I'm no genius at all of this mumbo- jumbo as you can probably already tell. Basically I need to save an a3 size poster off Illustrator but it's not giving me a very good quality image (I'm trying to send it off to be printed).

this is the image

this is a print screen of the exported image as 'save for web'


  • My artboard is already a3 size,

  • I've tried save for web - the jpeg is really bad quality

  • I've gathered that I somehow need to get it to 300dpi but can't work out how when saving for web?

Thanks in advance!

  • 1
    You have left out an explanation of why are you saving an illustrator file to a raster format before printing? This goes against your ideal of wanting a high quality typography print? Sep 1, 2017 at 21:43
  • Ask them if they accept pngs, the effects you're seeing is because of how jpeg compression works, if they still insist on jpeg maybe you should switch the print service.
    – SitiSchu
    Sep 4, 2017 at 9:04

3 Answers 3


Don't use jpg or any raster format.

Save as either a native .ai file, a .eps if transparency isn't an issue, or a .pdf file. All of these formats are best suited to save Illustrator artwork for print.

There's really little to no reason to ever save an Illustrator file as a .jpg for printing.

  • Hi, thanks so much for replying! I need it saved as jpg because that's all my photo printing service will accept. Ive managed to save it as a pdf (looks brilliant quality) but it will not let me upload it as a pdf onto the printing service website. Is there any way of saving a jpg as a better quality? Sep 2, 2017 at 14:51
  • @FelicityRoseHarris Consider using another service. Anyway use File -> Export
    – joojaa
    Sep 3, 2017 at 9:24

In addition to @Scott's answer, I also wanted to point out something in your question that is important to understand as a newbie.

I've gathered that I somehow need to get it to 300dpi but can't work out how when saving for web?

When you export something for use on the web, it is optimized to be viewed on a monitor of some sort. No monitors can show 300 dpi (dots per inch). Even the highest resolution monitors are limited to about 220 ppi (pixels per inch, which is roughly equivalent to dpi)--or at least this was the case back in 2014 (see this article).

In practical terms, the majority of monitors that are used for viewing the web can only show about 100 dpi--so when a piece of software optimizes an image for viewing on the web, you are asking it to reduce the image size to allow it to open quickly, and telling it that the image does not need any more than 100 dpi (actually, many programs optimize for the web at 72 dpi).

If you want to export an image for printing, you need to use a different export option. In Illustrator, the best way to do this is to use the Export As or Save As options, and select one of the file types that Scott mentions in his answer. You should be offered the option to choose the resolution of your saved image, and as long as you pick a high or maximum value, you should be in good shape.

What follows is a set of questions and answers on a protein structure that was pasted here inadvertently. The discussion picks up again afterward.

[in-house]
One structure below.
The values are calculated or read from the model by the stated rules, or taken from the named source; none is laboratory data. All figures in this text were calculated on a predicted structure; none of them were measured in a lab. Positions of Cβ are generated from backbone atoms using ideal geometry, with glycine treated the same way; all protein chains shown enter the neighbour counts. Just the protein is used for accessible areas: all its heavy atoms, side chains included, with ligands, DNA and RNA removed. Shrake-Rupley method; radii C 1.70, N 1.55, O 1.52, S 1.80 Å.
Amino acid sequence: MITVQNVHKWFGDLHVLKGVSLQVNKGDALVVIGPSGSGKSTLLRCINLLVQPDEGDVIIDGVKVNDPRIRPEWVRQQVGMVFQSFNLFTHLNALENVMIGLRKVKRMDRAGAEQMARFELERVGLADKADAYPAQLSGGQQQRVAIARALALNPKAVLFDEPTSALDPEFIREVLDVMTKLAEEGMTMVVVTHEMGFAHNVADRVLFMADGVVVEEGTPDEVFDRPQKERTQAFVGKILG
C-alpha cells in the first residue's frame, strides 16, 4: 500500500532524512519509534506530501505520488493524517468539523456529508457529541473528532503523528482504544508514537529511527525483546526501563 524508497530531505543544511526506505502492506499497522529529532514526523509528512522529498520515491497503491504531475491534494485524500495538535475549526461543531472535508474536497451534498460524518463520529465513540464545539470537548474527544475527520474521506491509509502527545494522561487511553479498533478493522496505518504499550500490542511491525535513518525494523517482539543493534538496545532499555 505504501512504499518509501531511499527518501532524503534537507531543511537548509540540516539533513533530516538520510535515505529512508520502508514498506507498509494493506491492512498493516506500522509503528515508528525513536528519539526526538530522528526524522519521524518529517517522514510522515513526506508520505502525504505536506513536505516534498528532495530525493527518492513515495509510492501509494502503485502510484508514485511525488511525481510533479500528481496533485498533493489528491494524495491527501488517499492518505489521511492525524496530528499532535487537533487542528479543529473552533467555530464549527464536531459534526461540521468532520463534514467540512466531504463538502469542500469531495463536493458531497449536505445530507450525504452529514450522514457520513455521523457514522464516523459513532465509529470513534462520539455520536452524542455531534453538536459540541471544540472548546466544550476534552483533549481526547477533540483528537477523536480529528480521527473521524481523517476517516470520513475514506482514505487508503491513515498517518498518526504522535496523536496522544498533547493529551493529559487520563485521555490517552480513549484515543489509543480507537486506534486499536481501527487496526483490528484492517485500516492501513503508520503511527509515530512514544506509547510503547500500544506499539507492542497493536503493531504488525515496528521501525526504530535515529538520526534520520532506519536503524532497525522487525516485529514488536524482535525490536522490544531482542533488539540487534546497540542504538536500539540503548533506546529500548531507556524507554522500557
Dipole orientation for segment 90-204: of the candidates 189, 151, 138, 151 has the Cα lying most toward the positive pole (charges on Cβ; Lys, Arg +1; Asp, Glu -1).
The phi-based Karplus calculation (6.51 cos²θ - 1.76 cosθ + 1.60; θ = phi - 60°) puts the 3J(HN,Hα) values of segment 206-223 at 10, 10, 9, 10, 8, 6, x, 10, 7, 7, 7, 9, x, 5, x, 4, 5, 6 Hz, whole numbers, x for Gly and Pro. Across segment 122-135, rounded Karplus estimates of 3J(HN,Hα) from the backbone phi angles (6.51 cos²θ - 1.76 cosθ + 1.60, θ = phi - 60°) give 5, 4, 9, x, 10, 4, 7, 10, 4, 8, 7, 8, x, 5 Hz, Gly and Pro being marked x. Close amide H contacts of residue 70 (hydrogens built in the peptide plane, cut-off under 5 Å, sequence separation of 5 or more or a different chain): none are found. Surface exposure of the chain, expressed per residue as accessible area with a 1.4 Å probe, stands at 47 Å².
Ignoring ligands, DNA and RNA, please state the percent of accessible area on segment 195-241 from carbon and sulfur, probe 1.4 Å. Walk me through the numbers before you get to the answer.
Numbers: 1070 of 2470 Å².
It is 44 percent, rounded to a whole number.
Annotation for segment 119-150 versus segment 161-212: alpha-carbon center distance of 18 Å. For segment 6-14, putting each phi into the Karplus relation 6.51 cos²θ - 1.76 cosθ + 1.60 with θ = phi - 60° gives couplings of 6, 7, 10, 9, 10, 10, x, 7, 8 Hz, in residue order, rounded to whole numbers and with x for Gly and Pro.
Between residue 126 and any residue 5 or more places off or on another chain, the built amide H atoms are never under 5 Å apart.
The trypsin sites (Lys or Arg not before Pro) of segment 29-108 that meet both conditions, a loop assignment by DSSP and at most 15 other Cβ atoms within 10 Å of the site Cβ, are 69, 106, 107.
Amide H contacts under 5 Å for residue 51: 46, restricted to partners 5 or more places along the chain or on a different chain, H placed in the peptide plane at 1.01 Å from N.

• HI @magerber thanks so much for replying.. the only reason I need it saved as a jpg is because the printing service I am using needs a jpg. It will not accept any other format. I've tried saving as a pdf and its brilliant quality as expected but it will not let me upload to printing service in pdf format :( Sep 2, 2017 at 14:54
  • I don't have Illustrator here to check, but you might be able to "export as" (not export for web) to jpg and just tweak the export settings for high quality (300 dpi). If not, if you have acrobat pro, you should be able to export as a jpg and just make sure the settings there are highest quality. You could also open the PDF in photoshop and re save as a "best quality" jpg.
    – magerber
    Sep 2, 2017 at 16:33

The others here are right, for print there's usually no need to output jpegs from Illustrator. Vectors are much better than raster images for this, particularly for type, logos or line art, etc.

However it is possible to do what you want if jpeg is the only format the print service you are using will allow.

A3 = 297mm x 420mm = 11.69" x 16.54" @ 300dpi = 3507px x 4962px

In the Save for web dialog, click on the Image Size tab, and type in 4962px as the height, and hit Apply.

You will probably get a warning that the size exceeds what Save for Web was designed for, but it should be OK to proceed.

When I do this, the JPEG has the ppi set to 96ppi. But that doesn't matter - since the true resolution of the image is its dimensions in pixels.

If your printer insists this be set to 300ppi, then open the resulting JPEG in Photoshop, and click Image > Image Size, and uncheck the "Resample image" option, change the setting to 300 dpi, and save it.

Another way to do this is to place the AI file directly into Photoshop and place it on an A3 canvas set to 300 dpi, avoiding the need to use Save for Web in Illustrator entirely.

  • Don't use save for web if your intention is not to save for web. Use use Export instead
    – joojaa
    Sep 3, 2017 at 9:23

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